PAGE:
It's hard to believe, but Jay-Z has been "retired" longer than he was in the game. Following his proposed final work "The Black Album" in 2003, he has become a somewhat divisive entrepreneur whose comeback albums are largely seen as inferior to the pre-retirement years (all eight of them). But what is there to talk about for a rapper who got everything he wanted from buku bucks to a wife that's even more famous? It's part of why his work has become both repetitive and interesting, especially as he's given up braggadocio in favor of turning each album into a study of art culture. On his latest album, "4:44," he makes what is probably the saddest retirement album of his career. Whereas what came before read like a grandpa sharing updates on his Facebook page, he now seems set on being more honest and personal in ways that are disarming. It works, but it continues to show the downside of what it means when you have nothing left to prove.
In a sense, "4:44" is a response album to his wife Beyonce's "Lemonade" album. Where she explored her growth into womanhood through an award-winning music video collage, many took her to tasks for discussing how her vaguely described "boyfriend" did her wrong. Many will likely remember Becky with the Good Hair. She became a meme that also symbolized a belief that Beyonce was holding a public feud with Jay-Z. Becky makes a comeback here, though Jay-Z tries to suggest that the relationship was a mistake. He was a foolish man who should've known better. It's a somber tone, and one that is added to his generally territorial approach to his recent albums. Following the celebratory cries of "Magna Carta Holy Grail" where he boasted about becoming a father, he now worried that he wasn't being a good husband.
This is where the album is at its most interesting. For a rapper who doesn't provide much in the way these days of Top 40 hits, it only makes sense for him to take the confessional approach that artists that he's mentored, like Frank Ocean and Kanye West, have become famous for. The title track in particular plays with such an impressive aggression that you believe that this is a man on his knees, wanting forgiveness from his wife. He was a flawed man, but he wants to do right for his daughter, and believes that they can make change. "4:44" is a song that sees Jay-Z at his most vulnerable, possibly in his whole career. Speaking as there have been songs before with Jay-Z and Beyonce singing happily together, it makes the work more staggering.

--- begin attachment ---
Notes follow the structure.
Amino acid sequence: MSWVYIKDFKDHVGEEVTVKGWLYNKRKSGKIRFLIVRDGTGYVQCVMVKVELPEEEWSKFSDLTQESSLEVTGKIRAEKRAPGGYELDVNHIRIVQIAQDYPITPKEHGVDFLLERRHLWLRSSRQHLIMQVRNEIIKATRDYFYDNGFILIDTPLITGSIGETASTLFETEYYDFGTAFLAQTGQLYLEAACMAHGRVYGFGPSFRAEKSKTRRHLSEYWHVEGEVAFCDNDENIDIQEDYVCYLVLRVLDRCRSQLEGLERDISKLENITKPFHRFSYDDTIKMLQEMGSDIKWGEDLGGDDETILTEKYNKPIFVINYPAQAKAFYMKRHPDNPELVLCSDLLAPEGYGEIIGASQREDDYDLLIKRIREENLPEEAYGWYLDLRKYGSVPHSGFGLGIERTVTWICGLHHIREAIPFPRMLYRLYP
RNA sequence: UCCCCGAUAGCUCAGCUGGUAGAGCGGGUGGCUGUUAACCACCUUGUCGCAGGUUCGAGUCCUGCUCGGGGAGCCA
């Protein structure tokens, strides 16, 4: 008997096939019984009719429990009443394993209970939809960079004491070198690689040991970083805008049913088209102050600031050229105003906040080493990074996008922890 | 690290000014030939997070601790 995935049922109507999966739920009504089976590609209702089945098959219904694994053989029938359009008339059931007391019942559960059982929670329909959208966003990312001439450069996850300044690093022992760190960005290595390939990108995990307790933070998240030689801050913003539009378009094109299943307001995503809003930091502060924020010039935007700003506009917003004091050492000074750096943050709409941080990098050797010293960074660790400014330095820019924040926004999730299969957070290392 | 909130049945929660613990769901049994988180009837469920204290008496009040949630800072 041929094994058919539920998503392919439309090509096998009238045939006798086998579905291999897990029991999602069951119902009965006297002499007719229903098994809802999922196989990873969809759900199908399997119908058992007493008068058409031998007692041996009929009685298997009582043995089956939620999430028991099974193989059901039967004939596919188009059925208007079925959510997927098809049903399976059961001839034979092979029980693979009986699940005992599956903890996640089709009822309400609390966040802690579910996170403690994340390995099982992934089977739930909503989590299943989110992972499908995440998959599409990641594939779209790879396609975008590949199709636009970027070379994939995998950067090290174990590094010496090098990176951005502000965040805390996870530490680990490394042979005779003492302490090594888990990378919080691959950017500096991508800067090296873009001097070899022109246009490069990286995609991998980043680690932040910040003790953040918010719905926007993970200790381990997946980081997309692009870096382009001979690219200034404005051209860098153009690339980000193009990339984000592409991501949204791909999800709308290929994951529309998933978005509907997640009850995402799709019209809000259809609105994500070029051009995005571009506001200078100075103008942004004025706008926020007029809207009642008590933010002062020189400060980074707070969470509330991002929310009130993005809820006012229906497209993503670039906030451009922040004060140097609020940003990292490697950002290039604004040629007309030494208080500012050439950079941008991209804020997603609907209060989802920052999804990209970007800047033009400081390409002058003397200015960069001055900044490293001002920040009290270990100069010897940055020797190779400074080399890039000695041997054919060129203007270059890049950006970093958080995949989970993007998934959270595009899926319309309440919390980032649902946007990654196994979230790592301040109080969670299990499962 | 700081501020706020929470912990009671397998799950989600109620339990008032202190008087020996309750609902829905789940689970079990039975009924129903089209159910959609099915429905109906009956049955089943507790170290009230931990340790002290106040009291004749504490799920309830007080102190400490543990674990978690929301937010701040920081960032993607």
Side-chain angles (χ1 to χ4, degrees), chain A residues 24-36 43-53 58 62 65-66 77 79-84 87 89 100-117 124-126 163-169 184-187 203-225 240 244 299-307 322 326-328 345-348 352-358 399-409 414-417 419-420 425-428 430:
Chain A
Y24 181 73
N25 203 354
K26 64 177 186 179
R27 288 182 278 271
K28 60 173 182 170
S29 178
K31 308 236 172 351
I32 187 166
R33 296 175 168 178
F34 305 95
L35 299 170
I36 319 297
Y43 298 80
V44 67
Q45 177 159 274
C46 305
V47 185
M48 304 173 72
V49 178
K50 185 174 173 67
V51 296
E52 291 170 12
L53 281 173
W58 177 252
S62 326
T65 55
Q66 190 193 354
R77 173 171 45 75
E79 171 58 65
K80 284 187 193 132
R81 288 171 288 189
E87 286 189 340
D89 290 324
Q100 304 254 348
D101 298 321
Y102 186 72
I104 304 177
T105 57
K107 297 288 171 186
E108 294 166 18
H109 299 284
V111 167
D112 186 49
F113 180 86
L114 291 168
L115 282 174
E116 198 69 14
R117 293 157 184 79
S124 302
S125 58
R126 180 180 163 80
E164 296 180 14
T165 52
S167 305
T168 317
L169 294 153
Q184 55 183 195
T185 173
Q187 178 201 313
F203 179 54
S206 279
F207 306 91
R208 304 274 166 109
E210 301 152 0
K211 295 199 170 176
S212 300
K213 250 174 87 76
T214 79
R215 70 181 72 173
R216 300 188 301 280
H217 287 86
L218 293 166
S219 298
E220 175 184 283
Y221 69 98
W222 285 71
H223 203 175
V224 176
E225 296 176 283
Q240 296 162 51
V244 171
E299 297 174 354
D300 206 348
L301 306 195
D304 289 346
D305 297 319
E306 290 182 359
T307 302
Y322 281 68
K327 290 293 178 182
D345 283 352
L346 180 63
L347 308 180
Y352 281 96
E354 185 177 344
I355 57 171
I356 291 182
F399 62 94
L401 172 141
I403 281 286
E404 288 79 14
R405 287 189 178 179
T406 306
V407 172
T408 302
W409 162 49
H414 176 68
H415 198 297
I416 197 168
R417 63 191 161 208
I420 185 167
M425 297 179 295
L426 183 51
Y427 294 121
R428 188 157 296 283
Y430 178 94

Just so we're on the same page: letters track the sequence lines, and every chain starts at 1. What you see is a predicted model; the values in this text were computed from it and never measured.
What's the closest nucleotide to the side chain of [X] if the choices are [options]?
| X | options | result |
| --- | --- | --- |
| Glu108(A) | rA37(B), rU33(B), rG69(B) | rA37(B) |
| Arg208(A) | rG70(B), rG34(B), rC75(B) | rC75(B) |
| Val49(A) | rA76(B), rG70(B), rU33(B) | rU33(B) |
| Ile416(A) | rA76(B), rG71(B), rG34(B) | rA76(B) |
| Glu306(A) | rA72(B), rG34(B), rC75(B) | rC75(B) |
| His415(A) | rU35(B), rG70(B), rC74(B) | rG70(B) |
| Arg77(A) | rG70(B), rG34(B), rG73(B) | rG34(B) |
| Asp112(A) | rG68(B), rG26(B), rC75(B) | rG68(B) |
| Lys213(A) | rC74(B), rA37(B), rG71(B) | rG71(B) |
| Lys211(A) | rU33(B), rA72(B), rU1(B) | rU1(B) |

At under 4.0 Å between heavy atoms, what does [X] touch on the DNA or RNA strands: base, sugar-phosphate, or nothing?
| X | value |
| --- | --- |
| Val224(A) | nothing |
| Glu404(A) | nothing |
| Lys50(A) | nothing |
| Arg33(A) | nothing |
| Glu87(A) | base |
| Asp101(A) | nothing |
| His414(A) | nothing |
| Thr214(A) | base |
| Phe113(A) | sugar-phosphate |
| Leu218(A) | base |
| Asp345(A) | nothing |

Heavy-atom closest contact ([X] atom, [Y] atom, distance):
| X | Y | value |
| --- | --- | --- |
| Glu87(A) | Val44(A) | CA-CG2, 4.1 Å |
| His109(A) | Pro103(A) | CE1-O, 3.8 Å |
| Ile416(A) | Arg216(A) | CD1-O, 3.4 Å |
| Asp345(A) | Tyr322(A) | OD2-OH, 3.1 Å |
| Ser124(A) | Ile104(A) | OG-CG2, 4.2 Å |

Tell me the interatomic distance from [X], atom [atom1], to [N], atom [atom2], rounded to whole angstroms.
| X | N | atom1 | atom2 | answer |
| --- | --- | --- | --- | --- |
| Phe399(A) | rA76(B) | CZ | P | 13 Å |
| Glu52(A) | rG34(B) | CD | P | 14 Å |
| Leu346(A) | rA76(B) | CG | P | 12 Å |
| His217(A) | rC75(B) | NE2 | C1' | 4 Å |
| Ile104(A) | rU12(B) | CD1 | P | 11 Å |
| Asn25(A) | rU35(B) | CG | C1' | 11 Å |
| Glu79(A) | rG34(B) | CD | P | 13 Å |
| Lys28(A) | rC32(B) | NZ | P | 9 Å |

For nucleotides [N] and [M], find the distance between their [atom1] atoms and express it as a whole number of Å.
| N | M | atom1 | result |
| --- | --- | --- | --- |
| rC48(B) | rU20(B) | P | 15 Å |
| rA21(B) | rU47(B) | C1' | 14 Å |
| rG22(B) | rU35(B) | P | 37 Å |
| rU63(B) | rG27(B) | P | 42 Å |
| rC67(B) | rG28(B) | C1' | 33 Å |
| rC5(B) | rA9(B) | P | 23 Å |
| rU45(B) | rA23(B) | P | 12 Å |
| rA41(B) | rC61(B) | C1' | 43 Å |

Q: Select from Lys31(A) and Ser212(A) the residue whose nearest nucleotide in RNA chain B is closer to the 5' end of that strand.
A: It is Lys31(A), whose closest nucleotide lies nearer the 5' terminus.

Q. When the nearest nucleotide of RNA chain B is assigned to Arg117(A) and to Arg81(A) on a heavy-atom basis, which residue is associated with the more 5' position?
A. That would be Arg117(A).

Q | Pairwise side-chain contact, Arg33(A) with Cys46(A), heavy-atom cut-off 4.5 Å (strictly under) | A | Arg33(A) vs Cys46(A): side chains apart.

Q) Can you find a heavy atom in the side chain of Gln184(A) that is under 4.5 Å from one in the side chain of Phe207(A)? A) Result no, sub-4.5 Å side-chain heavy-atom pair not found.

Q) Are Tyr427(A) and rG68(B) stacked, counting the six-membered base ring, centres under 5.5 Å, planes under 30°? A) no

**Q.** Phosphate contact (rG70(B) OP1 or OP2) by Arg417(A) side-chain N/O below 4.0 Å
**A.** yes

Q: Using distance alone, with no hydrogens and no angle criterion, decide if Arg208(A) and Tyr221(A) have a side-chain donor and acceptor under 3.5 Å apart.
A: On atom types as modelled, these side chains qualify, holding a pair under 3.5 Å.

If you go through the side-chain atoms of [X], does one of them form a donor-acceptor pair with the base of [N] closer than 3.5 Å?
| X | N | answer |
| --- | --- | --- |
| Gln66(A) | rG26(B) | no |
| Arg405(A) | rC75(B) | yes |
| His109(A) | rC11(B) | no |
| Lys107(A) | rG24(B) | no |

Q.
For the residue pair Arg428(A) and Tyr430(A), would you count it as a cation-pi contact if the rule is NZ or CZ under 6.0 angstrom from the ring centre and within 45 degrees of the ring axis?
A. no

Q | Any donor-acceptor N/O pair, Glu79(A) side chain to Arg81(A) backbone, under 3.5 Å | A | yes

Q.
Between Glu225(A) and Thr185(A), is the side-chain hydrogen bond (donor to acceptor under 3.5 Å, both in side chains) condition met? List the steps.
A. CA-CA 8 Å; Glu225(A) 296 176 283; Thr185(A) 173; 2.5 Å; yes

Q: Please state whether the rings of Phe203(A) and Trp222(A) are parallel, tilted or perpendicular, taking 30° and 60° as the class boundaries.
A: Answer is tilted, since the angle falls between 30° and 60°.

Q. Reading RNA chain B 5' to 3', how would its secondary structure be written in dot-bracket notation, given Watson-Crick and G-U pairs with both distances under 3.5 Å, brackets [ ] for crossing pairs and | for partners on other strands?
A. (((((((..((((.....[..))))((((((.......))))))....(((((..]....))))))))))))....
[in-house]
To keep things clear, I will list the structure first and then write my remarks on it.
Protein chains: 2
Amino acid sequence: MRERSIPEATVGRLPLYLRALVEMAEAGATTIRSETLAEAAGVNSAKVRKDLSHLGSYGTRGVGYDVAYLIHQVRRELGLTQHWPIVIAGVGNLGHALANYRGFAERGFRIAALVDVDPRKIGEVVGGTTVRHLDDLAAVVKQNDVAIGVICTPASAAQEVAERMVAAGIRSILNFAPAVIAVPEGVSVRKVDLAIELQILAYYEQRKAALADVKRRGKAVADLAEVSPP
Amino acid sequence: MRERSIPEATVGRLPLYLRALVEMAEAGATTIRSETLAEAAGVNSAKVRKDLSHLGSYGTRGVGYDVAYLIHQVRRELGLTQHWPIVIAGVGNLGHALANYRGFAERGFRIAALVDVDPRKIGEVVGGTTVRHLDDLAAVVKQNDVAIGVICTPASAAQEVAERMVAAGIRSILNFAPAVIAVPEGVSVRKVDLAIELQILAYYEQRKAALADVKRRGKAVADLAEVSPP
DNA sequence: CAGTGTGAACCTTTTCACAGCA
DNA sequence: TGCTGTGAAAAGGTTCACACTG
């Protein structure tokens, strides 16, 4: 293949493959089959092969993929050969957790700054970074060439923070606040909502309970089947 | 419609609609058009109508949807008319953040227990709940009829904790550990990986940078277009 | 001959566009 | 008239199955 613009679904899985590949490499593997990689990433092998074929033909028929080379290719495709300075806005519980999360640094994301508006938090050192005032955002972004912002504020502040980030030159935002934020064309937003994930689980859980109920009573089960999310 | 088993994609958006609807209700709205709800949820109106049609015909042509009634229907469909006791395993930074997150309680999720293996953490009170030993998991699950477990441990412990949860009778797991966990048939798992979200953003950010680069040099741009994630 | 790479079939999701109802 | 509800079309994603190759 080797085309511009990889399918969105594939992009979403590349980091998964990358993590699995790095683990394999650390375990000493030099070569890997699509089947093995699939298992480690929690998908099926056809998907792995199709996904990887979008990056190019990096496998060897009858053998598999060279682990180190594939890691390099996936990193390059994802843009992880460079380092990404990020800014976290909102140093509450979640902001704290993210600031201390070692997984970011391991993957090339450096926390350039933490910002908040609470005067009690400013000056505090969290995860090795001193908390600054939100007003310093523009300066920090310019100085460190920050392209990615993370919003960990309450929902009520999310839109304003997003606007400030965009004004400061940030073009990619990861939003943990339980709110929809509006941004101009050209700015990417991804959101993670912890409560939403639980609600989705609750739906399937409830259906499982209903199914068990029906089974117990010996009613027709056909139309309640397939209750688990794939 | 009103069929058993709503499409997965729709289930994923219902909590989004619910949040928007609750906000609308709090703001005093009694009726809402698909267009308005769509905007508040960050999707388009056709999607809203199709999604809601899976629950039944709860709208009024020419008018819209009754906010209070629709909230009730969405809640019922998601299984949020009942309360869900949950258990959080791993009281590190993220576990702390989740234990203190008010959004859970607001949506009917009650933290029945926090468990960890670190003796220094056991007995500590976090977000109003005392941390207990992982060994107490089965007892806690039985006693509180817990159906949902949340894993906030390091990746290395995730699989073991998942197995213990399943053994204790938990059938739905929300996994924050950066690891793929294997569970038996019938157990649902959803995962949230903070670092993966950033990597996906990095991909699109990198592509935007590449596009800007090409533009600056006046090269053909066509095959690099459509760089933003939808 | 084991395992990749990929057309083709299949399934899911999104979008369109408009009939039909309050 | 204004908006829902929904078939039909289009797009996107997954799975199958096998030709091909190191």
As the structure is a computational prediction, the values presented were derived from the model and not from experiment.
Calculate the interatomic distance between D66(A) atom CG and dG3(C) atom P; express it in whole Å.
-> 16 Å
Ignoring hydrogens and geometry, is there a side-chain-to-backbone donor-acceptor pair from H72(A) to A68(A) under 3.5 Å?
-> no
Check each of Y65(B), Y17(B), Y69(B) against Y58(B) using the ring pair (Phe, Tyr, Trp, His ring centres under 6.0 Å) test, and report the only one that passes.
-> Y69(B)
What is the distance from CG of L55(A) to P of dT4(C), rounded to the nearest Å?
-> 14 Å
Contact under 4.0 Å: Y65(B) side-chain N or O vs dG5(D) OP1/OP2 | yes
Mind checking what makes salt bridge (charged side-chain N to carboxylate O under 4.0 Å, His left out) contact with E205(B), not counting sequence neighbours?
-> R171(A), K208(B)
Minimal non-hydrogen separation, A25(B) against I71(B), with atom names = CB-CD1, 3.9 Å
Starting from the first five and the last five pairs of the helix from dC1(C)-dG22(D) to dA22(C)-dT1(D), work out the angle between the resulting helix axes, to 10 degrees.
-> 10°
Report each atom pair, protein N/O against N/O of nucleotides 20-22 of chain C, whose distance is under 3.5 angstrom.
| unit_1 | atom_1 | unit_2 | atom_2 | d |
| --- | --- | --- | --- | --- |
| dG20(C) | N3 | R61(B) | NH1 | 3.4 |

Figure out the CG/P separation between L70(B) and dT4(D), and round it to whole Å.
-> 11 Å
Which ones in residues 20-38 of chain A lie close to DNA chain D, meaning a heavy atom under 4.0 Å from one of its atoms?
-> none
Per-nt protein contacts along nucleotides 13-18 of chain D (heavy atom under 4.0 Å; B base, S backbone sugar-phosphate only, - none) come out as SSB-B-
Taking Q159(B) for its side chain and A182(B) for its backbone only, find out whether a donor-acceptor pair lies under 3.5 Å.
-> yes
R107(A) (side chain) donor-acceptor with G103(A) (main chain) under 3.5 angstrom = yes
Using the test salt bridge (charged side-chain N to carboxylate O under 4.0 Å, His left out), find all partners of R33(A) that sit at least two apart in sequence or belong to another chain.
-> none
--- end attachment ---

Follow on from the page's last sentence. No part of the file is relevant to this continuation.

It's the hallmark of the album, which opens with a song called "Kill Jay-Z." He is clearly remorseful. For a rapper who got famous for being aggressive, he feels old and battered here. There still are moments where the old Jay-Z comes out, reflecting that he's also isolated from his fans materialistically. He has a privilege that those having to subscribe to his Tidal music service don't. He can buy things that he used to only dream of. It in a way makes Jay-Z into a solid allegory for Jay Gatsby, only we don't know if he's lost his Daisy just yet. Still, Beyonce is far more prevalent in pop culture in the moment, adding a layer of worried defeat for a former Top 40 mainstay.
The best that he could do beyond be personal is explore the hollow life of being rich. He channels this on "The Story of O.J.," which uses famed sports star turned murderer O.J. Simpson as a parallel to his own life. Not in the killing sense, but in that struggle for identity in a society that you've risen above. You still are culturally black, but you aren't limited by your race anymore. While Jay-Z has yet to resort to rent-a-car commercials, he makes some persuasive points for understanding the struggles of a controversial man. If nothing else, it's one of the better references he makes on an album that features some embarrassing lines that, in his younger days, probably would've been sharp attacks. "Moonlight" plays up the recent Academy Awards controversy with La La Land with a half-hearted remark of "Even when we win, we lose." It's times like these that Jay-Z shows his age, finding that he can Netflix and chill all by himself just to understand what the young kids are into. He's also just fine making references to The Godfather and Goodfellas, if you fancy.
Still, the album's biggest success is that it avoids the bigger production of what he's done before. By stripping away any pretentious elements, he bares his soul in a largely straightforward manner. There's no distracting production that is even innovative. This is a man who has nothing to prove but his own integrity. Having exhausted his soul of a fun life, this is a solid yet depressing look into Jay-Z's personal life, and one that seems antithetical to Beyonce's "Lemonade." He doesn't seem to celebrate so much as order a round of drinks and get lost in the booze. It isn't a terrible way to go, but it does suggest that retirement has finally caught up with him, and his lack of impressive new feats is both a blessing and a curse. Odds are that he'll never be a Top 40 artist again. However, he could just be starting a far more interesting period of his career.
Overall Rating: 3 out of 5